Dry skin is one of the side effects of cancer treatment –

Snow and bitter winds make skin suffer more

During cancer treatment my skin looked like this: 

Peeling Sunburned on shoulder Stock Photo - 27316543

And my NHS dermatologist told me this was due to old age!!!!!!  So I went to France where no doctor would dare to tell this to a patient!

Instead of a cursory two minute glance at my skin, I had a day’s series of tests:  blood, skin, two consultations with dermatologists, etc. and at the end was told my awful skin was a side effect of Tamoxifen.

Just to make life more difficult

On top of drug side effects, winter can give one skin problems;  snow, winds, cold, flu, central heating etc. can add to these.

These affect people in varying degrees…..  Some people get away with mildly tight or flaky skin that goes away with a good moisturizer.  Others have flaking and itching so bad it’s physically uncomfortable, affects their ability to sleep and makes you want to hide away from the world.  If I rubbed my skin, white powdery flakes fell off, and I felt totally miserable.

And today I often have outbreaks of flaky, itchy patches, especially when I am put on a new drug – or sometimes just to be awkward!


For men and women, many of the causes of dry skin, especially today’s drugs,  affect the stratum corneum:  the top layer of the epidermis. The stratum corneum works like a plastic wrap around the body by keeping harmful substances and germs out and keeping water and oils in, making skin soft and supple.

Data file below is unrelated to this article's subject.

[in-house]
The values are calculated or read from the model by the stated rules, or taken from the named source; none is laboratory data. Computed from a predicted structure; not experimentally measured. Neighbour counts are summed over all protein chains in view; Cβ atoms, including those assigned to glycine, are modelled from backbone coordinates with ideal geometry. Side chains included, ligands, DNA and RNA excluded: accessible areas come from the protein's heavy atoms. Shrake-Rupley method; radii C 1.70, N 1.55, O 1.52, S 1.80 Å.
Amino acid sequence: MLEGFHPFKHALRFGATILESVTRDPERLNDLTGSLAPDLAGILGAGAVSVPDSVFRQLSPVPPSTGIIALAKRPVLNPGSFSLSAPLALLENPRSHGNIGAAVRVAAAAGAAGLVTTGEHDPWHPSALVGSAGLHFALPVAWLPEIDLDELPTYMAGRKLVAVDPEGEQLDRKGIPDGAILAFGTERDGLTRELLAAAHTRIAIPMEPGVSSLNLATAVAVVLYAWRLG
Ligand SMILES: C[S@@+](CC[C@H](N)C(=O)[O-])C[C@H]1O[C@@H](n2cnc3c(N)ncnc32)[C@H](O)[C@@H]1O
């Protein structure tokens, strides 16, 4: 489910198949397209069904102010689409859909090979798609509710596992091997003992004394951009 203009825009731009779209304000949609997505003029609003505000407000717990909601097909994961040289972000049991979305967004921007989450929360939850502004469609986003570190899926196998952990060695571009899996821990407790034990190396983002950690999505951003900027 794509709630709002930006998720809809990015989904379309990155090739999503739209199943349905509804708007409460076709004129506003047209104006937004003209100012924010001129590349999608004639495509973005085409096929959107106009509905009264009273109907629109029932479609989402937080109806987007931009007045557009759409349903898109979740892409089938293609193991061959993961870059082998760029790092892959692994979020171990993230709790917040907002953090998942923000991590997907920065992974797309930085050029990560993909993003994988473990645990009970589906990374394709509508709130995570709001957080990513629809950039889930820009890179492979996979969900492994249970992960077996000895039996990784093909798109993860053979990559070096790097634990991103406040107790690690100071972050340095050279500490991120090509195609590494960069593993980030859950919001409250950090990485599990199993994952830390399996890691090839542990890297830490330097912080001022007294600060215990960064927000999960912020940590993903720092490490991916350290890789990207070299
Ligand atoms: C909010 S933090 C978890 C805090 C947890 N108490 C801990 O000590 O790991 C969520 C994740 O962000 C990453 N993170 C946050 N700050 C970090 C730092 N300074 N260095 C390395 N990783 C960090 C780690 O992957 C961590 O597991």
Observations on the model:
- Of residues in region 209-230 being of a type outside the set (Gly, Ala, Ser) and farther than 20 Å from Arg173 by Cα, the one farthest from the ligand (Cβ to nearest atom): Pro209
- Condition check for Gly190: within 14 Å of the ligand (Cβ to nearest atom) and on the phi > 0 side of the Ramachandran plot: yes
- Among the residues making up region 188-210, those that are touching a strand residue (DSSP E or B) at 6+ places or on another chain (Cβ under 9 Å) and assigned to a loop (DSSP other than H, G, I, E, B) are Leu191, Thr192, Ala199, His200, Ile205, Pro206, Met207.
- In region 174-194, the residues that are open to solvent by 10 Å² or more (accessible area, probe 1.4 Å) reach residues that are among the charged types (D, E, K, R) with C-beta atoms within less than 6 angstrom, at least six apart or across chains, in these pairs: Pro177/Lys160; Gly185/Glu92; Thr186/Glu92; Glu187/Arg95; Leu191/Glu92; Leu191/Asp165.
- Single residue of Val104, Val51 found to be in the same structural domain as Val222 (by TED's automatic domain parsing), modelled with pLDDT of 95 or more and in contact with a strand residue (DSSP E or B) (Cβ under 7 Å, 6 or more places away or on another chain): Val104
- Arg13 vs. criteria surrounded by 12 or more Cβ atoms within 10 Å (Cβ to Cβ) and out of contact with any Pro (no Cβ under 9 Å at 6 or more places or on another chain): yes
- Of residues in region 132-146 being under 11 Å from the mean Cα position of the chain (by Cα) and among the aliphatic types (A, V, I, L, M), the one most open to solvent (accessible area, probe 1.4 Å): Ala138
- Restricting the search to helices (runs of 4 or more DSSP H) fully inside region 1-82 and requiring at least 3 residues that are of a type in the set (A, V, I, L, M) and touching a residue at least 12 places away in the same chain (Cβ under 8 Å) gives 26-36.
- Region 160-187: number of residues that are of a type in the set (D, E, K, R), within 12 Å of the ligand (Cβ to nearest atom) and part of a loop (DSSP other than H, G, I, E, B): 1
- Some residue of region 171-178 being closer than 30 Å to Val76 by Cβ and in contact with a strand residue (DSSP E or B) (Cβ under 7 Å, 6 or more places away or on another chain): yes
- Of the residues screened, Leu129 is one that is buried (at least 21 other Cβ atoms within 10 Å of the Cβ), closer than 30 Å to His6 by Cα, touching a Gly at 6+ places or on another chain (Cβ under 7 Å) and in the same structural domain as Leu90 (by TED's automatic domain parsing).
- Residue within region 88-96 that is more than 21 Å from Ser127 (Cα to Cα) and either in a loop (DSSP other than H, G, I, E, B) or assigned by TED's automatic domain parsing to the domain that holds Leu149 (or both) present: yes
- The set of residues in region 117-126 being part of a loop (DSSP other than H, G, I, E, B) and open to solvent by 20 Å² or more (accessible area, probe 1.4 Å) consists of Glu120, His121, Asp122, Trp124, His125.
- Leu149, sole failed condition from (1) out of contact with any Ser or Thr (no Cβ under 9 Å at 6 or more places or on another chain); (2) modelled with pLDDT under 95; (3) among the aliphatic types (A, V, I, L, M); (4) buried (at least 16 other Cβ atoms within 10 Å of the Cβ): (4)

So don’t blame side effects of drugs – there are other factors that can cause skin problems, but all can be helped, so don’t despair!

Before blaming drugs, check that your skin problem isn’t caused by:

  • Age
  • Climate – both cold and hot weather can affect our skin
  • Water – it’s good for the skin when you drink it.  But can dry out the skin because when it evaporates, it takes the skin’s natural oils with it. Swimming in a pool, especially one that’s heavily chlorinated, and taking excessively hot baths, can seriously dry out skin.
  • Soaps and Detergents

But you may have to come to the conclusion that it is your Medication that is causing dry skin –  by reducing the stratum corneum’s water levels, making it porous and leaky. Some common medications that cause dry skin are diuretics like hydrochlorothiazide or furosemide, Retin-A, cholesterol medication like pravastatin and simvastatin, and Accutane.

What helps
Other countries (France, Spain, Iceland, Australia, New Zealand, USA, Japan etc) acknowledge that drugs can cause these problems, and, in conjunction with their cancer centres, cancer charities and hospitals, these countries produce clinically trialled skincare specifically designed to counter drug effects and repair our skin.  These products from abroad are now sold in good chemists or, thanks to Amazon, we can now order these online.
Which are my favourites?
I change skincare products frequently – so giving my skin a ‘wake-up’ call every so often.  There’s no science behind this that I know of – it just makes life more fun!  So here are some of my current favourites : –
La Roche Posay  – these are the products that rescued my skin at first, so I use them the most:
iS Clinical – together with Washington Cancer Center have developed a skincare range for ‘cancer skins
This Japanese company used to be called Kanebo, and at one time owned a cancer hospital.  Their products were incredibly helpful to me, but then, sadly, the company had massive problems – and things went quiet.  They have come back under the name Sensai, and their products are still fantastic – but sadly just as expensive!
If your skin, especially on your face or hands, is especially dry, I just slap on more skincare – especially if I am going outdoors.   
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